On the co-movement of people, techniques and objects in Bronze Age Europe
By Vanessa Guyot (email@example.com)
ESR Fellow, Berlin
The aim of this project is to approach the problems related to Bronze Age mobility, especially in Central Europe. The human movements, the displacements of things, andabove all the displacements of metallic objects and/or raw metals, will be dealt with, as thecirculation of ideas and knowledge, in particular related to the metallurgical field. The dataused in this study will be mainly selected from some well-preserved cemeteries spreadacross Central Europe, maybe completed by some hoards and settlements, if they arerelevant enough. In addition, this work will focus on the central Unetician and North-AlpineDanubian groups, that is, on the Early Bronze Age. However, the transition to the MiddleBronze Age will also be taken into account. Indeed, changes in movements will be animportant aspect approached in this project, so including the transitional phase betweenEarly and Middle Bronze Age, when a lot of changes take place, may be very interesting.
Both small-scale displacements, inside each of the studied regional groups, andlarger-scale movements, between these same areas, will be considered. First, regarding thecirculation of metals and knowledge, classic typological methods, but alsoarchaeometallurgical data, will be used in order to detail precisely and map thesemovements. Thus, determining if a relevant object is an importation or a local imitation, theorigin, the intensity and the scale of the displacements, their modalities, their organization,will be of course central questions.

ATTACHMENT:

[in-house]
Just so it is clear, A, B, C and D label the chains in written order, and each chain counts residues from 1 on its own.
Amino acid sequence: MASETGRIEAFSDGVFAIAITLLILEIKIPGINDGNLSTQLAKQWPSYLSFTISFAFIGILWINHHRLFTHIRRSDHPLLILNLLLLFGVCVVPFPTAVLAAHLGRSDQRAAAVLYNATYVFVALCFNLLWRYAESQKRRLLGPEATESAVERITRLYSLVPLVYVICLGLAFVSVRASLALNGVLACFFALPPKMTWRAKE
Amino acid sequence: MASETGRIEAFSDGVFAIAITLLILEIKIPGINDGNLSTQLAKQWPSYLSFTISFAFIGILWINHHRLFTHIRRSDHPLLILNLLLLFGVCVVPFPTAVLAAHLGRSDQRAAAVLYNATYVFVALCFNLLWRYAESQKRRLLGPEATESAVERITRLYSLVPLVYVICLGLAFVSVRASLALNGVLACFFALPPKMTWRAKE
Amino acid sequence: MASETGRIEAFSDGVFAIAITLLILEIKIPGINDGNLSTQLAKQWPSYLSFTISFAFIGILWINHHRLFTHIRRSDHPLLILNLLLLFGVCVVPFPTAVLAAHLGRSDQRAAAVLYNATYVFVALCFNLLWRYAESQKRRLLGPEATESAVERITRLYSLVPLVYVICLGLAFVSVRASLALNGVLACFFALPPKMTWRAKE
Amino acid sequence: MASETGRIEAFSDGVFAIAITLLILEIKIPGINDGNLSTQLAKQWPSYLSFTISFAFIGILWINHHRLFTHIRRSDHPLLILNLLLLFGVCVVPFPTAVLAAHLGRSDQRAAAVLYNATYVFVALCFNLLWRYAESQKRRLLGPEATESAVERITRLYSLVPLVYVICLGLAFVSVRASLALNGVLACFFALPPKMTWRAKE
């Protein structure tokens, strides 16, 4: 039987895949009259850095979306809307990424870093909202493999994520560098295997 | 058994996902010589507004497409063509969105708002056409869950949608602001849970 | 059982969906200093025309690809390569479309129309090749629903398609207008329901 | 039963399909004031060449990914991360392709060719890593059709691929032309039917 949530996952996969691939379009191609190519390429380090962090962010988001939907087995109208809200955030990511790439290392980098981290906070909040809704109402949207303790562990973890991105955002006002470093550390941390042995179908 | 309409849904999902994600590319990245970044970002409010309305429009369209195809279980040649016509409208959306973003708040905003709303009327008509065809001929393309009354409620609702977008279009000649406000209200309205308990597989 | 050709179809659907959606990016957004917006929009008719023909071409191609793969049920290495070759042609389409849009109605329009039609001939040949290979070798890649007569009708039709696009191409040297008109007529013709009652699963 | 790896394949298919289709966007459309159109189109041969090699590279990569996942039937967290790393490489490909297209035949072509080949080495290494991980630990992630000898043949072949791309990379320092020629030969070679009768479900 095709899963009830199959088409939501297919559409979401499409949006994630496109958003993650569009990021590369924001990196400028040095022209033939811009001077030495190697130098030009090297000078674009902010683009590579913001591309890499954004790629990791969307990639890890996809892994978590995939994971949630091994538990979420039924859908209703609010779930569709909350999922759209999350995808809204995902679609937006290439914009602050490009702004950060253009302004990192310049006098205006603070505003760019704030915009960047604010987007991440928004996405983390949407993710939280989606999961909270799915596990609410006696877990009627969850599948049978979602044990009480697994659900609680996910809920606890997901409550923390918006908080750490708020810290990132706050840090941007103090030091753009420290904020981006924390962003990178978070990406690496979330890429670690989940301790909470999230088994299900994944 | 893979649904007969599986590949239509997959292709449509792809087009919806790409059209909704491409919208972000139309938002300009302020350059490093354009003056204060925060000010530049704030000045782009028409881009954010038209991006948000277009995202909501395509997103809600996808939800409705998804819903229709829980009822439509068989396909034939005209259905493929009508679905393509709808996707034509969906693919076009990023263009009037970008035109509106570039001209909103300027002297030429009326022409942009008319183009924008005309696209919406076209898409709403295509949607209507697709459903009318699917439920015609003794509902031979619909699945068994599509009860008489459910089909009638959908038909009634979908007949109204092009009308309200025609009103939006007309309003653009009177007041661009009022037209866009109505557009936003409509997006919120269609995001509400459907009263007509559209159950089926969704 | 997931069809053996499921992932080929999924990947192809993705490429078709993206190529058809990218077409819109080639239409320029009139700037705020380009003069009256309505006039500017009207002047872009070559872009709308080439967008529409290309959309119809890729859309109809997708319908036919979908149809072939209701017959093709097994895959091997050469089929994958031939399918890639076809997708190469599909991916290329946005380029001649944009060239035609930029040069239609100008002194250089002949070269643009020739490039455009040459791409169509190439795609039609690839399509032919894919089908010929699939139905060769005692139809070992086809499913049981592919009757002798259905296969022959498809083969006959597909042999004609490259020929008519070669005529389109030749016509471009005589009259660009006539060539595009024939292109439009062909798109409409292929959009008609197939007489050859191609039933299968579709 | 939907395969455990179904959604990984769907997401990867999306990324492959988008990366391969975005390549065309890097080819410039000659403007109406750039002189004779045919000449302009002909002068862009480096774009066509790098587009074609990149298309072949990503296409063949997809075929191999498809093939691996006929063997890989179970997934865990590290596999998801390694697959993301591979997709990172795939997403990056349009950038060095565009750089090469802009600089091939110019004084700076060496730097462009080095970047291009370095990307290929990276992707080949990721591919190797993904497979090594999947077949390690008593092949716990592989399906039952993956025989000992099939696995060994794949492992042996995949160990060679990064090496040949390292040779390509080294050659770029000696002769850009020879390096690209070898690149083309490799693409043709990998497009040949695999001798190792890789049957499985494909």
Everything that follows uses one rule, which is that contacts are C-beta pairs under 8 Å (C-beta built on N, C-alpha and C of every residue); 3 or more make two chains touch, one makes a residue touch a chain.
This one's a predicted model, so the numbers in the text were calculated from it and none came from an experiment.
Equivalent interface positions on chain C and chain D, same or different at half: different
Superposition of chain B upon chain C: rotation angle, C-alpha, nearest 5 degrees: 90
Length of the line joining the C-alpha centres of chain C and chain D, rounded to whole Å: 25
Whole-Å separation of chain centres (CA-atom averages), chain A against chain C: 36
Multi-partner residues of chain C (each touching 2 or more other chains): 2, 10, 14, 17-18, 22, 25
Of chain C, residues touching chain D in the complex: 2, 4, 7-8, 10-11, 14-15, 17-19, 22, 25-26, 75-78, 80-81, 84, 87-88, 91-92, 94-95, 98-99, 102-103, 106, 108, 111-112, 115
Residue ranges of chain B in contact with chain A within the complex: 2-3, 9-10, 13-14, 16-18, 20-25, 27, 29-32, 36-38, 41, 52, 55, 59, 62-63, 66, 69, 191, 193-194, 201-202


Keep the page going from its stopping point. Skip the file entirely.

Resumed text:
Then osteological methods, as well as new scientific approaches, like DNA andisotopic analyses, will bring fundamental information about the human mobility studied here.This way, moving people will be identified. Their origin, characteristics and particularities willbe analyzed, and the reasons and features of their movements approached.And finally, the extent to which the circulation of objects, knowledge and the humanmobility correlate will be discussed. Thus, the obtained results will be assessed andinterpreted, by using modern theories of mobility.
Department of Anthropology, Archaeology and Linguistics | Aarhus University | Moesgård Allé 20 | DK-8270 Højbjerg | Denmark | Email: firstname.lastname@example.org | Tel: +45 8942 1111